Macedonia - The Potato Chick

Ohrid & Bitola, Macedonia

In a sentence...a great few days exploring Macedonia’s natural beauty.

Food we loved...freshly picked apples that we bought from roadside stalls. Crispy, juicy and delicious.

We had just arrived at Ohrid and the owner of our hostel was giving us some directions. “So there’s the town square and there’s the statue” he said, pointing to landmarks on the map. He must have seen our ears prick up at the mention of the word statue. “Don’t worry” he muttered, shaking his head in disgust, “we’re not like f$%king Skopje!”

Ohrid was certainly a whole world away from Macedonia’s quirky capital city. Located on the shores of Lake Ohrid not far from the Albanian border, it is absolutely beautiful. And especially so in Autumn.

We spent our first day exploring on foot. We walked along the shore until we reached the famous church of Jovan Kaneo. With about 270 degree views of the lake, it’s a pretty spectacular spot. After that, we wandered up the hill to another church and the fortress. But I almost forgot to mention the absolute highlight of the day – visiting the paper making museum! Surprisingly, we were the only visitors.

We had a hire car which allowed us to really explore the surrounding area. Our first stop was Matka Canyon shortly after we set off from Skopje. The canyon was really pretty and much nicer with a little bit of sunshine than it would have been in the fog and rain of the day before.

We also drove to what is supposed to be Ohrid’s best beach to watch the sunset one afternoon. We had the beach to ourselves. Well, just us and about 12 stray dogs.

Another day we took a gorgeous winding mountain road, parked the car and then hiked up to a viewpoint where we were supposed to be able to see both Lake Ohrid and nearby Lake Prespa. Again, the fog interfered with our plans. Once at the top Lake Ohrid was perfectly clear but Lake Prespa was completely hidden by the fog. Still, it was strangely beautiful and a lovely spot for our well deserved picnic lunch. We took a different route back to town through the very picturesque apple-growing region.

In the evenings we cooked our own meals at the hostel, washed down with surprisingly good Macedonian wine. Who would have thought that we would find nicer wine here than in Bordeaux...

After a relaxing few days in Ohrid we headed to the cute little town of Bitola for the final night of our road trip. We visited the ancient city of Heraclea which had the most enormous mosaic we have ever seen. It was truly impressive and remarkably intact. We also strolled through the old bazaar and, most importantly, we discovered the most delicious burek we had tasted in Macedonia.

We returned the hire car to Skopje the next day, stopping along the way to see a very impressive aqueduct. Before we knew it, our time in Macedonia was over – what a fabulous, interesting and beautiful country. Another winner in the Balkans.

Next stop...Saarbrucken, Germany.

Matka Canyon

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Skopje aqueduct

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Posted 20 November 2014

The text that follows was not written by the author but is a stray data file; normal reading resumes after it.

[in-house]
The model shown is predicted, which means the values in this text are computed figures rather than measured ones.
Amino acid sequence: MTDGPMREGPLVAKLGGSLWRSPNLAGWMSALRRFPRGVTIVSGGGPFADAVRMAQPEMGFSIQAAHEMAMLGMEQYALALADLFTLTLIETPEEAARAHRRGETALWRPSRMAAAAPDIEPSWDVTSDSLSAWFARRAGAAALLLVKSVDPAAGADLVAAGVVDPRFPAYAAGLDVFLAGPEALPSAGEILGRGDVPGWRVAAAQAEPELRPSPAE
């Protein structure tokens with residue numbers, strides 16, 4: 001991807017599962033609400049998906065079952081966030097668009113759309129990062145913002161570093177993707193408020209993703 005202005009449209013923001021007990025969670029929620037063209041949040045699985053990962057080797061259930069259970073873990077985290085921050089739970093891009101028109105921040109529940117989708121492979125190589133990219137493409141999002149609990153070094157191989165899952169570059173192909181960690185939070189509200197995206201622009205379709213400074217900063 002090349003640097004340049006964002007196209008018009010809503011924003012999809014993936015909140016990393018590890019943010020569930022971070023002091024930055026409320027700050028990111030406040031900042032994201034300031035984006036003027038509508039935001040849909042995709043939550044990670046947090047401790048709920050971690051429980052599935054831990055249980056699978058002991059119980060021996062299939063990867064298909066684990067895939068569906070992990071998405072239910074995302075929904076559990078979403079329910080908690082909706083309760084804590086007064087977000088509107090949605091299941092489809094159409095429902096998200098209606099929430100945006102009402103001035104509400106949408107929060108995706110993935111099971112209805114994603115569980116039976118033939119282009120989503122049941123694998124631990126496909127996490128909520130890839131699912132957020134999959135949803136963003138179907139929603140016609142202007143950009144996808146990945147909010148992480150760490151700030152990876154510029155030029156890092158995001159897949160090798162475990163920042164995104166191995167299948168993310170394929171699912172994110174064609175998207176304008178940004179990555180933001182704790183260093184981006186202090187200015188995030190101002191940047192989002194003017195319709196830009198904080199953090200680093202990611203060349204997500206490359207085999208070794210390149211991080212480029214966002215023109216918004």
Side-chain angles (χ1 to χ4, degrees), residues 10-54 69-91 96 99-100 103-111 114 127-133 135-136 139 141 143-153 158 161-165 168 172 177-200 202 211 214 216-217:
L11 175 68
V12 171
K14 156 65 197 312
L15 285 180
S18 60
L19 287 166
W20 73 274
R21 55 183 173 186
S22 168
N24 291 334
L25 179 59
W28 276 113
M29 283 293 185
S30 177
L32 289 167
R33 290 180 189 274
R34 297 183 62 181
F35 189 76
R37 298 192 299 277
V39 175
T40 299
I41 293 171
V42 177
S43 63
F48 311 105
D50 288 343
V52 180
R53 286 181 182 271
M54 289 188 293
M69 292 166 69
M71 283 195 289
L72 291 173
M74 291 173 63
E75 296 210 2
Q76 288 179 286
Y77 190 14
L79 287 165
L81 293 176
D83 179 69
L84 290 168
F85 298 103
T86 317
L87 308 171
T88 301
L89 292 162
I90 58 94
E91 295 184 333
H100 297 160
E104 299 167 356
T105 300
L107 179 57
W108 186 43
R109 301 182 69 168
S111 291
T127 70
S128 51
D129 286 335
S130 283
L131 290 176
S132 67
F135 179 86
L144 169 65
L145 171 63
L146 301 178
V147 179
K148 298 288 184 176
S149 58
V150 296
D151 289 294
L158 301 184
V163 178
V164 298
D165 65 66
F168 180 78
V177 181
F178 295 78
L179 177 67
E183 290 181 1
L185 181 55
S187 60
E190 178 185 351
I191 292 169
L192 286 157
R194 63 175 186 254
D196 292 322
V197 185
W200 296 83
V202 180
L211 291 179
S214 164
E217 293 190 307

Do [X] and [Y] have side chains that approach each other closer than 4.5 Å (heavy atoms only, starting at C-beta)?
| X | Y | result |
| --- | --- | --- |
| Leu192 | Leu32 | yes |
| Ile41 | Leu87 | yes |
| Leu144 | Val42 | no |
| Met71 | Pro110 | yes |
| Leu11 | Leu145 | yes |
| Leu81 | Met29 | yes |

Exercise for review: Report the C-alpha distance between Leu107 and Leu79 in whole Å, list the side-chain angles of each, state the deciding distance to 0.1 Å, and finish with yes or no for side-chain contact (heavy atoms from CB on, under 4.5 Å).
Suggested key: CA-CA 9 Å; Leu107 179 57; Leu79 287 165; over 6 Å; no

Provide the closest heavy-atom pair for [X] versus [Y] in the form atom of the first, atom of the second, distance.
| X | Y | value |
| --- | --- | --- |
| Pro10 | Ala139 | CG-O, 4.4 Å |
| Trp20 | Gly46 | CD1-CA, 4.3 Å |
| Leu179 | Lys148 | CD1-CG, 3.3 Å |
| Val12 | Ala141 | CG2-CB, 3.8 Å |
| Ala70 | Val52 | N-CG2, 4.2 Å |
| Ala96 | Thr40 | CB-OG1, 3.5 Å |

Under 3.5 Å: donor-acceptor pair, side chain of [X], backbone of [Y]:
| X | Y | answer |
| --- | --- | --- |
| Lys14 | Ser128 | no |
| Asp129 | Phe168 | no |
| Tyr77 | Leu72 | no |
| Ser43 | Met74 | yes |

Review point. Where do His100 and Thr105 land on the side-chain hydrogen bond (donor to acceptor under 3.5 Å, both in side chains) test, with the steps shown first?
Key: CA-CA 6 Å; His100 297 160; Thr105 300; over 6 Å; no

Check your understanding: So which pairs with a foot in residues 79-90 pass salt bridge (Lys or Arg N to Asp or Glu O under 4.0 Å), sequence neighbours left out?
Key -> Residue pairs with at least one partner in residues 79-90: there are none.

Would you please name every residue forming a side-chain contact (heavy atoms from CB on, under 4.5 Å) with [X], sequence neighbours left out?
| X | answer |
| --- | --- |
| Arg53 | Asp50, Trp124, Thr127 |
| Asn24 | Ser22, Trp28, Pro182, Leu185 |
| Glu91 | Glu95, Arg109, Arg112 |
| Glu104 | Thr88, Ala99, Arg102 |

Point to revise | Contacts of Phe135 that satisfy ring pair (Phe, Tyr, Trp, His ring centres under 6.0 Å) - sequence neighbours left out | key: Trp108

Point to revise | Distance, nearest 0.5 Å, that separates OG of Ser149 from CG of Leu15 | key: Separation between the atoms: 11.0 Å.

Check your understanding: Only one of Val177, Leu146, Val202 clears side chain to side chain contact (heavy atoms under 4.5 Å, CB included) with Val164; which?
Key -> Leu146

Skopje, Macedonia

In a planning on crack.

Food we loved...chicken roll – a chicken breast fillet filled with cheese and wrapped in bacon.

Skopje is certainly one of the most unique cities we have visited so far. The motto of Skopje’s town planners seems to have been “let’s try to emulate all of Europe’s oldest and most famous cities at once”. Everywhere you look, there are new buildings which have been built to look “old” and statues, statues, statues. It’s like a slightly old school Las Vegas; an absolute visual assault.

The piece de resistance is this bad boy, standing at over 20 metres tall.


We started our time in Skopje with a free walking tour with probably the craziest guide we’ve ever met. I’ve written before about marathon walking tours which seem like they will never end (Hello Lisbon). With this one, I actually felt like we had been taken hostage and that we might not be released until we agreed to join our guide for a night out on the town. His fascination with the architecture of Japanese architect Kenzo Tange was probably my favourite part of the tour. He showed us one hideous grey apartment building after another noting that we would never see buildings like them anywhere else. In fact he was wrong, I’m pretty sure Tange’s next project was Melbourne’s housing commission flats.

Luckily, the joint suffering helped us bond with the others on the tour and afterwards we stuck together to wander the fortress and have a few beers.

The next day the weather was not kind to us. We rode the cable car up Vodno mountain to see the Millennium Cross. The cross was constructed as a memorial of 2000 years of Christianity in Macedonia and the world. At 66 metres high, it is the world’s largest cross. You can see it from anywhere in the city and we imagined it would be pretty impressive up close. As we got higher, however, the fog rolled in. Here is what we could see from the top...


We left Skopje with the distinct feeling that we’ll be back some day, if only to see if they have succeeded in “creating” the classic European city.

Next stop...Ohrid, Macedonia.

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Posted 18 November 2014